EVENT REVIEW: Alesso’s “Uprising” in Los Angeles

The Shrine Expo Hall has become one of the very few venues in the Los Angeles area which can handle the capacity and energy from an EDM crowd, unlike a club; the venue itself can hold up to a few thousand people. Over the course of 2013 the Shrine was blessed to host a variety of DJs and fan-goers alike. As one of the last shows to close out the 2013 season at the Shrine Expo Hall, Alesso was scheduled to bring his much anticipated  ‘Uprising’ tour (alongside Matt Goldman and Clockwork) to the “city of angels” for a show that we must say left us with much more than I had intended on experiencing.

Arriving to Shrine on Friday, November 25th, I was filled with energy and anticipation. Alesso has always been someone I admired. His sets have become some of my favorites and for the most part I’ve always looked at him to find a way to deliver a hit single. Once inside the venue I was greeted by a comforting set  of uplifting progressive house and groovy tech-house by Matt Goldman. Needless to say it was quite fitting as Clockwork took over the stage shortly after ,and from then on I knew I was in for a night that I would never forget.

As Clockwork energized the crowd with his big room sound consisting of a heavy bass track list, one could easily say he did just what he was sent to do along with Matt: leave the crowd wanting more. Just in time, the clock struck 11:45PM and Alesso’s huge LED wraparound displays on the stage were unveiled, and opening sequence played on three massive LED screens, one of which was curved behind the decks.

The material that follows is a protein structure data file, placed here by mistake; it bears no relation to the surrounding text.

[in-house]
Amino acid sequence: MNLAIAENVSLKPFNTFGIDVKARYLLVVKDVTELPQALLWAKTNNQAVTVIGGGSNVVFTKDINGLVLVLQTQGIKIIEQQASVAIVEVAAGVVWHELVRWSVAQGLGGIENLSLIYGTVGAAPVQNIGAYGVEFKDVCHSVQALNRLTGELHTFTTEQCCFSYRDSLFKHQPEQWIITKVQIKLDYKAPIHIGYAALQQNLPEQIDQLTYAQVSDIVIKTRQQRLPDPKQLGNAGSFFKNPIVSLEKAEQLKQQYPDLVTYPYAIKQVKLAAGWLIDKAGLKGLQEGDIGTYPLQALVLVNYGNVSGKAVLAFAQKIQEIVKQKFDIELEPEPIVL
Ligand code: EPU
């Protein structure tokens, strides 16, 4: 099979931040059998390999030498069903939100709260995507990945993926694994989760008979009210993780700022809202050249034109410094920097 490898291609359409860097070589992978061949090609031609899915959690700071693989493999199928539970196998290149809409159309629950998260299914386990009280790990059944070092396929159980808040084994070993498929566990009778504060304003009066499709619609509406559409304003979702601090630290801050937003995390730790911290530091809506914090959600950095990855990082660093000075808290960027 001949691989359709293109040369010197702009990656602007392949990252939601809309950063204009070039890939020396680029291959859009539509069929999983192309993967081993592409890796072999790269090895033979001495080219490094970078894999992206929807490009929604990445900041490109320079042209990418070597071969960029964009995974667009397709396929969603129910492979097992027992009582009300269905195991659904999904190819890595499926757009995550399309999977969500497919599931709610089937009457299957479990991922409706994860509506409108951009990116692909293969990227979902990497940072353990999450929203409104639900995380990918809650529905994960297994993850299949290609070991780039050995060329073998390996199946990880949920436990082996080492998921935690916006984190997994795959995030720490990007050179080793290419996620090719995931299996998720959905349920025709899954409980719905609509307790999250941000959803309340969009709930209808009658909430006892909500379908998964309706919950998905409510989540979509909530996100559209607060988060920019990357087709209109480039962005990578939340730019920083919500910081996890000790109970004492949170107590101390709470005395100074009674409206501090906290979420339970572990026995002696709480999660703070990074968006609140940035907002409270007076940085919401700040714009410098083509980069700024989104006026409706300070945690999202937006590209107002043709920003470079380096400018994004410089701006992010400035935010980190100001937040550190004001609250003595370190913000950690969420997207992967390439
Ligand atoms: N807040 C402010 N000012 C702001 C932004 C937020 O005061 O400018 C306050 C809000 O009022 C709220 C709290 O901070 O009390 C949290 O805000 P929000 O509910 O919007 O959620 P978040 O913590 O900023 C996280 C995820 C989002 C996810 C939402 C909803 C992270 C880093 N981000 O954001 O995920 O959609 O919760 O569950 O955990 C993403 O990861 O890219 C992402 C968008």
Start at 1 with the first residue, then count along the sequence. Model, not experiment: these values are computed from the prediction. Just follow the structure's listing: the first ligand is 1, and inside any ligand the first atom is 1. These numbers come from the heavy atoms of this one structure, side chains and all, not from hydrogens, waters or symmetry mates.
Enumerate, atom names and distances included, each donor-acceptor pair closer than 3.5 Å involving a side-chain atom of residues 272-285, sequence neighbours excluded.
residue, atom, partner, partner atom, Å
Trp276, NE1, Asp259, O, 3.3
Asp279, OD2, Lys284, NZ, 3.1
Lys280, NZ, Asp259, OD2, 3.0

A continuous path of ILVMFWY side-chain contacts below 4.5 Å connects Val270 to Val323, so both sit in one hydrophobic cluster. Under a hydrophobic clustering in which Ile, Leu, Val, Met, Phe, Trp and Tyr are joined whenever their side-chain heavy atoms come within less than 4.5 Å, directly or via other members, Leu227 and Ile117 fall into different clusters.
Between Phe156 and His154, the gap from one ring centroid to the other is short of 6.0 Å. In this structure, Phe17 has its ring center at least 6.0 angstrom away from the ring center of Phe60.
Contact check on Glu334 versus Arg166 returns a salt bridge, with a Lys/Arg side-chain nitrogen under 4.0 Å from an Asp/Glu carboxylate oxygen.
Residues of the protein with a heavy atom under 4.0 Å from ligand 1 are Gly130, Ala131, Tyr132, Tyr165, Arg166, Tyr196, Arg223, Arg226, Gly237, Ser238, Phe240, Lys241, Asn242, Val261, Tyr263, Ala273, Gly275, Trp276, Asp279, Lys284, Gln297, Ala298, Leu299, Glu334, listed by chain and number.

With Matthew Koma’s vocals reciting the line “the sun hits like a bullet of faith and then suddenly I’m wide awake…” Alesso started off the night with his hit singe “Years” while the LED panels told the story behind the song from the music video itself. As soon as that first drop from the opening sequence hit, my soul sank a bit as I knew this was the set that was going to leave me breathless and release all that emotion that I had been saving just for this show.

For Alesso, I could tell that he was set out to deliver, keep the energy going, and not let down the city of Los Angeles. Playing his hits such as “Clash” and “ Calling” while mixing it with other bangers such as “Sound of the Underground (S.O.T.U)”, “Starlight”, and “Reload”, I was taken back at how Alesso crafted such an established energetic set much like his Electric Zoo set back during Labor Day weekend. I must mention though that my emotions got the best of me when the tracks “Under Control” and “City of Dreams” overtook the whole venue. Looking around in the crowd, I could see the faces of many heartfelt fans reciting the lyrics.

With CO2 cannons that shot all the way up to the ceiling and laser beams which dazzled the crowd, I started noticing that the set was sounded a bit too familiar. I had heard this exact same set with the exception of a few songs added in and removed during Electric Zoo. Sure enough unfortunately I was right, as I started naming the track list and I was identifying every song in the exact same order.

Before closing off the show was Alesso’s mix of his hit “Pressure” (which reminded me of Steve Angello’s closing set during Escape 2011) mashed up with “Don’t You Worry Child” something that I hinted was the end of the show. He of course ended his set with his remix of  “If I Lose Myself.” I was left with questions and an unsettling feeling  that I had expected a much more complex set, however besides keeping up the energy for a good 2 hours, I wondered why the set was pretty much the same. Had this same set been played since September? These questions flooded my mind during and after the show.